Goodyear Tire & Rubber Company (GT - Free Report) saw a 12% fall in profits to 57 cents per share in the second quarter of the year from 65 cents in the prior-year quarter (all excluding special items) due to lower tire volumes on the back economic uncertainty across the globe.
However, profits blew away the Zacks Consensus Estimate of 46 cents during the quarter. Total profit dipped 7% to $148 million from $159 million (all excluding special items) in the second quarter of 2011.
Revenues dropped 8% to $5.2 billion below the Zacks Consensus Estimate of $5.7 billion, driven by weak economic conditions and unfavorable foreign currency translation. Tire unit volumes ebbed 9% to 39.2 million due to weaker replacement industry volumes, mainly in Europe. Unfavorable foreign currency translation reduced sales by 6% or $315 million.
Segment operating income slid 12% to $336 million from $382 million a year ago. The decrease was attributable to lower tire volumes and associated unabsorbed overhead, along with unfavorable foreign currency translation. Price/mix improvement of $313 million more than offset $238 million in higher raw material costs ($171 million, net of raw material cost reduction actions).
North American Tire: Revenues inched up 2% to $2.5 billion due to improved price/mix. Original equipment unit volume grew 24% while replacement tire shipments went down 10%.
Segment operating income surged 37% to $188 million as improved price/mix of $176 million more than offset $114 million of higher raw material costs. It was also benefited by $20 million in savings related to the closure of a tire plant in Tennessee, partially offset by lower other tire related income and higher pension expenses.
Europe, Middle East and Africa Tire: Revenues went down 18% to $1.6 billion on the back of a 17% fall in tire unit volume and unfavorable foreign currency translation of $194 million. Replacement tire shipments decreased 20% while original equipment unit volume dipped 7%.
Operating income in the segment significantly declined to $19 million from $126 million a year ago driven by lower unit volume, higher raw material costs, partially offset by improved price/mix.
Latin American Tire: Revenues dropped 21% to $503 million, driven by a 14% decline in tire unit volumes and unfavorable foreign currency translation of $77 million, partially offset by improved price/mix. Both replacement and original equipment tire shipments went down 14% during the quarter.
Operating income rose 7% to $58 million driven by price/mix improvements of $56 million, largely offset by the impact of cost and wage inflation, lower tire volumes, higher raw material costs and unfavorable foreign currency translation.
Asia-Pacific Tire: Revenues fell 4% to $600 million due to unfavorable foreign translation effect of $38 million, partially offset by the impact of a 2% increase in tire unit volumes and improved price/mix. Replacement tire shipments fell 8% while original equipment unit volumes rose 19%.
Operating income increased 9% to $71 million, driven by improved price/mix of $21 million and higher volumes. However, it was negatively impacted by $5 million due to costs related to the start up of a new factory in China as well as unfavorable foreign currency translation.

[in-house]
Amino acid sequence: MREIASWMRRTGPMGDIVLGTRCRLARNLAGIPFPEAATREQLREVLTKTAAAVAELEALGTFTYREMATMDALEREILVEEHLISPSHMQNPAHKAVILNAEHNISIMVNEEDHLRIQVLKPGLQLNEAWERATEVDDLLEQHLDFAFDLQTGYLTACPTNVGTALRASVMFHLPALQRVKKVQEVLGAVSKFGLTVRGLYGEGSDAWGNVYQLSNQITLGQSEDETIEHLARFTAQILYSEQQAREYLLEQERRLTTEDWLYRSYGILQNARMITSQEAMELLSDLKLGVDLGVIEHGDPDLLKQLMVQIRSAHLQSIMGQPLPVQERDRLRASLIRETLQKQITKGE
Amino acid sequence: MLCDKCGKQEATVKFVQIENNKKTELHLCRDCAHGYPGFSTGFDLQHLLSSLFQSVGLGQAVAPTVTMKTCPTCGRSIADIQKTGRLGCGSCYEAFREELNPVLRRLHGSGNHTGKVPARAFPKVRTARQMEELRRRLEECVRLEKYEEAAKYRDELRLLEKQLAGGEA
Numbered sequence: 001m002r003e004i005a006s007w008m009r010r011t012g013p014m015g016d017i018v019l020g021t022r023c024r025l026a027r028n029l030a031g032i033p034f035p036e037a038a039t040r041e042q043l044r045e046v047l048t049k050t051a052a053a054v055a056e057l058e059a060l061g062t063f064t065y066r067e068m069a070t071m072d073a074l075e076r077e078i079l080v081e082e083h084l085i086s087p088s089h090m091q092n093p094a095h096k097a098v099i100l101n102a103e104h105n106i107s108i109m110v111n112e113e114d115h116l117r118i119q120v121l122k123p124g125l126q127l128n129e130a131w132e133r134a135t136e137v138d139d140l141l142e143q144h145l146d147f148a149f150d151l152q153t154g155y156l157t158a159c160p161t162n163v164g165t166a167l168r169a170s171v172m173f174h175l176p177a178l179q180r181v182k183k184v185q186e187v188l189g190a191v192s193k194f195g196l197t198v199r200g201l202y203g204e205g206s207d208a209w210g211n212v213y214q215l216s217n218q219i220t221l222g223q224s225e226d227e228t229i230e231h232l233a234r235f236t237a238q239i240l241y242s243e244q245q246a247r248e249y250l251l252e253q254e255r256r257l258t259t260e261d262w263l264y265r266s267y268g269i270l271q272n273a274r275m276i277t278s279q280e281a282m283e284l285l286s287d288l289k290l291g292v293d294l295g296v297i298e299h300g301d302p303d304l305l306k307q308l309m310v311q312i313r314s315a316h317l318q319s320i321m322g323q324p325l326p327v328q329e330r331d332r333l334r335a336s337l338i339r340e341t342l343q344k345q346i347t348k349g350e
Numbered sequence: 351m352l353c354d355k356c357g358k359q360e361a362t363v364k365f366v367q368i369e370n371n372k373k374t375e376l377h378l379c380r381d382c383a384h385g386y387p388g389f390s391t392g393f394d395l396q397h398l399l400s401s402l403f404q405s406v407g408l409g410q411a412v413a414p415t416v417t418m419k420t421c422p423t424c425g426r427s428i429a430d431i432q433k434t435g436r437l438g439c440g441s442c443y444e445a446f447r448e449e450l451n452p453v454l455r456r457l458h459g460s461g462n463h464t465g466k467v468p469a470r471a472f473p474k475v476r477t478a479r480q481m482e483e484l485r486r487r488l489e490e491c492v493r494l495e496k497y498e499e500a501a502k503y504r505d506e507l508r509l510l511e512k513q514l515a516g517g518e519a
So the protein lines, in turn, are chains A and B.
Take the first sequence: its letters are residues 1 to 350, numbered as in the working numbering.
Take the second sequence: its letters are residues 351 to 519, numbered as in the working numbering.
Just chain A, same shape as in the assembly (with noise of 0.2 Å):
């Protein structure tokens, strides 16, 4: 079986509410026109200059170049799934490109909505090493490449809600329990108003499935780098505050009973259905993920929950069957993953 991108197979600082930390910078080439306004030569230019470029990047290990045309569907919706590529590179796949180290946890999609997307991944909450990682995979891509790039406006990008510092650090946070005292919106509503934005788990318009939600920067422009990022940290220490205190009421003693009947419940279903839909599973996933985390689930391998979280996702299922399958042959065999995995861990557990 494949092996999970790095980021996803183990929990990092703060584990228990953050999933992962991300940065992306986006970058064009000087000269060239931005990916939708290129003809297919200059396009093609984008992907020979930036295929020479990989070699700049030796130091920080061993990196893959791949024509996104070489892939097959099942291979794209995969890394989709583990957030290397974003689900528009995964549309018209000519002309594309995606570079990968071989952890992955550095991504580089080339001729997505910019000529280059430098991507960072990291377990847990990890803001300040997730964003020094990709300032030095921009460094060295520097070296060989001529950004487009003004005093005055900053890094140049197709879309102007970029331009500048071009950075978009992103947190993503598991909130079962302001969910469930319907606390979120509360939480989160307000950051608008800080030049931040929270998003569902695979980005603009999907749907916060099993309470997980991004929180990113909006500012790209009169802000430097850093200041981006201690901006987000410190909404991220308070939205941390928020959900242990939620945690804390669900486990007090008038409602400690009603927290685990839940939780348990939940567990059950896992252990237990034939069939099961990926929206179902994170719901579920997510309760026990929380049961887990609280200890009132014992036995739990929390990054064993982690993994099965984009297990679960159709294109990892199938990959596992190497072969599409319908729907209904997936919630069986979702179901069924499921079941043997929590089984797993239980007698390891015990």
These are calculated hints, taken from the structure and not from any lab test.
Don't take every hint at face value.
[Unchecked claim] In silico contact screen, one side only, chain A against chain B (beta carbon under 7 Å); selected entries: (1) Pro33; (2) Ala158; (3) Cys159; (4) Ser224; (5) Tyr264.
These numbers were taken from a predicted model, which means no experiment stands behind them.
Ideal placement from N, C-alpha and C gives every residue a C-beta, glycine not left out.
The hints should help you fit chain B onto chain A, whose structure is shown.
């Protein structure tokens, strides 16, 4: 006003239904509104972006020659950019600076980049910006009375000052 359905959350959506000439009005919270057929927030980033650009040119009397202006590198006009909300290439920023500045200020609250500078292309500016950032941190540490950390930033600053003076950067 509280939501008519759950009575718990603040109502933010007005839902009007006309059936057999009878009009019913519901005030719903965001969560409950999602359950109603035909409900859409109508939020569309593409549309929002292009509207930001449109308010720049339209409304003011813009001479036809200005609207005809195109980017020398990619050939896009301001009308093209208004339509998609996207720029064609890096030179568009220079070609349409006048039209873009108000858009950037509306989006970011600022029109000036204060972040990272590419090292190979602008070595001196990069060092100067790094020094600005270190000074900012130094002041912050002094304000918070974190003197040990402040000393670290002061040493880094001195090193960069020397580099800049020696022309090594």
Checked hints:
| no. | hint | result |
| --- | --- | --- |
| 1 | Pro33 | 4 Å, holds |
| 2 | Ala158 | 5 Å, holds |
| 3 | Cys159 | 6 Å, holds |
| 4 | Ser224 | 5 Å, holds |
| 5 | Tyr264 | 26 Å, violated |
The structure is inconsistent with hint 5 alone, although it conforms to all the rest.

Goodyear had cash and cash equivalents of $2.2 billion as of June 30, 2012, a decline from $2.8 billion as of December 31, 2011. Long-term debt and capital leases were $5.5 billion as of June 30, 2012 compared with $4.9 billion as of December 31, 2011. Long-term debt (including capital leases) to capitalization ratio was as high as 85% as of June 30, 2012, but slightly down from 87% as of December 31, 2011.
Good year expects sluggish growth in the global tire industry. The company expects unit tire volumes for the year to decrease between 5% and 7% from 2011.
In North America, the company expects consumer replacement industry to decrease by 1%–3%, consumer original equipment industry volume to increase by 5%–10%, commercial replacement volume to fall 5%–10% and commercial original equipment volume to increase 10%–15%.
In Europe, Middle East & Africa, the consumer replacement industry volume is expected to go down between 8% and 10%, consumer original equipment volume down between 5% and 10%, commercial replacement volume down between 3% and 8% and commercial original equipment down between 5% and 10%.
Goodyear also anticipates flat raw material costs in the third quarter of 2012 compared with the prior year. However, the company expects raw material costs to increase 7% for full year 2012.
The company is on track to achieve segment operating income of $1.6 billion in 2013, including $450 million in North America.
Goodyear Tire & Rubber Company is one of the largest tire manufacturing companies worldwide, selling its products under the Goodyear, Kelly, Dunlop, Fulda, Debica, Sava and various other “house” brand names as well as private-label brands.
On a worldwide basis, there are two major competitors for Goodyear – Bridgestone of Japan, and Michelin of France, both of which command about 55% of the global market together. Other significant competitors include Cooper Tire & Rubber Co. (CTB - Free Report) , Continental Tires, Pirelli, Toyo Tires, Yokohama Tire, Kumho Tires, Hankook Tire and various regional tire manufacturers.
We are optimistic about Goodyear’s cost-saving actions. However, due to pricing pressure from OEMs and a weak global economic scenario the company retains a Zacks #3 Rank, which translates to a Hold rating for the short term (1 to 3 months) and we reiterate our Neutral recommendation on its shares for the long term (more than 6 months).